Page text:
Ladies and gentlemen, I don't know whether you are entitled to call me a colleague. I was a film critic many years ago. Indeed, I was a film critic on the oldest European newspaper The Gibraltar Chronicle, which in 1943-44, when I worked for it, was the only non-fascist newspaper in continental Europe, even though it was run by the British army. We soldiers in this fortress had been informed, through Washington, by your great, dead president, President Roosevelt, that we had a duty to perform, and that was to protect the Rock. On behalf of a very large American insurance company... We were told that if we let this rock fall into fascist hands, the future of the American civilisation would be in jeopardy. And as an earnest of this American civilisation that was in jeopardy, we were allowed to see many American B films. It was my... It was my task to criticize these films, or praise them. I was rather bored with the job, and went to very few of them and ended up by inventing my own films, my own cinemas. The Rock is a very cavernous place, and there may be the odd cinema lurking somewhere in St Michael's cave in the water, not like anybody had had actually ever been to, but thought they might someday. You know, I was fired from this job, and never did film criticism again.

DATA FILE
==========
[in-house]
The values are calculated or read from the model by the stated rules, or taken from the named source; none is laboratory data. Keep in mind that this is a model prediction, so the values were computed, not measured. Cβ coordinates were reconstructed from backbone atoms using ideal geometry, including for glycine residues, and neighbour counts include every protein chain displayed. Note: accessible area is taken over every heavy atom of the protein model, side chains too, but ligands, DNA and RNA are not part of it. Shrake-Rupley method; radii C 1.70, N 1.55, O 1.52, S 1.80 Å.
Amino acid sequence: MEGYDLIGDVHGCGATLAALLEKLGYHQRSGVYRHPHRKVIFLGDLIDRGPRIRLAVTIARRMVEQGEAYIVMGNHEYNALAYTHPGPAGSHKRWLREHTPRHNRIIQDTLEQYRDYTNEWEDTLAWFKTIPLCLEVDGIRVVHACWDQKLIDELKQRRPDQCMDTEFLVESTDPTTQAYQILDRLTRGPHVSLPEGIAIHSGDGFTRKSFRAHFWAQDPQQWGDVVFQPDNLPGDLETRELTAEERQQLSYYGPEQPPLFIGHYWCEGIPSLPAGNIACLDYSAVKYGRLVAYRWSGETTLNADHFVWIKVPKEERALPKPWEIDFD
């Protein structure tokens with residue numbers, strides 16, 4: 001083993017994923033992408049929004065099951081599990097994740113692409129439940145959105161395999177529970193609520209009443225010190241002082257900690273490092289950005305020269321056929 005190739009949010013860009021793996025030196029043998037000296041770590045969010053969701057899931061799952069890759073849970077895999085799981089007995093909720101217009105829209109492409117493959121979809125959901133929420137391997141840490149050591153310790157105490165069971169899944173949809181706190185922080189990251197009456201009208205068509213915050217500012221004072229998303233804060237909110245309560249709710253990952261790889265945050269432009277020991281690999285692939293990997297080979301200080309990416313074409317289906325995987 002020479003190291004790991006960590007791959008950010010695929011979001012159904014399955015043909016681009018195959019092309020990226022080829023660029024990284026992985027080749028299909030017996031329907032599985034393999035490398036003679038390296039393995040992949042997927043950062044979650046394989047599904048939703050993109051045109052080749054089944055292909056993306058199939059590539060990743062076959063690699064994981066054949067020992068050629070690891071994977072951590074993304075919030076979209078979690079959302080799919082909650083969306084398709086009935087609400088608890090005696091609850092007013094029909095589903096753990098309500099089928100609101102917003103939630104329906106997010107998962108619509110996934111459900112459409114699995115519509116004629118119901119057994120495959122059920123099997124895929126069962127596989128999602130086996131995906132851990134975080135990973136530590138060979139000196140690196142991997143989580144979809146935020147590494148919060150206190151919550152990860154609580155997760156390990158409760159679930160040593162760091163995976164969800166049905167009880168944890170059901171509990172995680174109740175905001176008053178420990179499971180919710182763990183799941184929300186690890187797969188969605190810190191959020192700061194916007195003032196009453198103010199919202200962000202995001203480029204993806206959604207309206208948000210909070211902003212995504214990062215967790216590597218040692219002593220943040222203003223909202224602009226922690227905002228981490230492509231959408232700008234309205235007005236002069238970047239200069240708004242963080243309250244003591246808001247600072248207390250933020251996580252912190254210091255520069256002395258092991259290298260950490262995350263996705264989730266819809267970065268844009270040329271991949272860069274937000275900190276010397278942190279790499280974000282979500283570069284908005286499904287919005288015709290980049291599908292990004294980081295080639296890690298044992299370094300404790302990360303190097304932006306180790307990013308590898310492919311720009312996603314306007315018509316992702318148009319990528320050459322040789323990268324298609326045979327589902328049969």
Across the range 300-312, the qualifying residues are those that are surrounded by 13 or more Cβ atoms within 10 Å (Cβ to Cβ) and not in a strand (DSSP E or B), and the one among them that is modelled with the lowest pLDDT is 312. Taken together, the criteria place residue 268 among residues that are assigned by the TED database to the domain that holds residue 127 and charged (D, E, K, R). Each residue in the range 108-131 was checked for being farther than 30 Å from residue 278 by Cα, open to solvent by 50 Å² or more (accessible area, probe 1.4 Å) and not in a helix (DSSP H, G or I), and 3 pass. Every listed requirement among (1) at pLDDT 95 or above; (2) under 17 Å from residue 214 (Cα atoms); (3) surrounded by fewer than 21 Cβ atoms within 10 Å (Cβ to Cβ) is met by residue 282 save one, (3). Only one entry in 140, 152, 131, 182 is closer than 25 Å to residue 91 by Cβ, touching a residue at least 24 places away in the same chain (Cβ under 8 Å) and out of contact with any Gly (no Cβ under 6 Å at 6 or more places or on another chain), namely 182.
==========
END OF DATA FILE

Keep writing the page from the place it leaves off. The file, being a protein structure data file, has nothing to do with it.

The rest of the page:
In 1966, which was my Annus Mirabilis, for the benefit of any drama critics who may be present, a wonderful year. I had many jobs: I was drama critic for The Spectator, and simultaneously I was opera critic for Queen, a great... great heterosexual magazine. I was television critic for a magazine, ironically called, The Listener. And I was food and wine critic for a left-wing paper that eventually folded up. It was generally recognised that I couldn't do all these jobs efficiently at the same time; and I noticed one night at a particular theater during the first act there were other critics who'd been deputed by their newspapers to sit behind me and see if I genuinely walked out after the first act. My normal procedure was to see one act of a play, the second act of an opera, and have some food and wine afterwards. It was assumed by everybody that I would never get up early enough to see films, so I never became a film critic.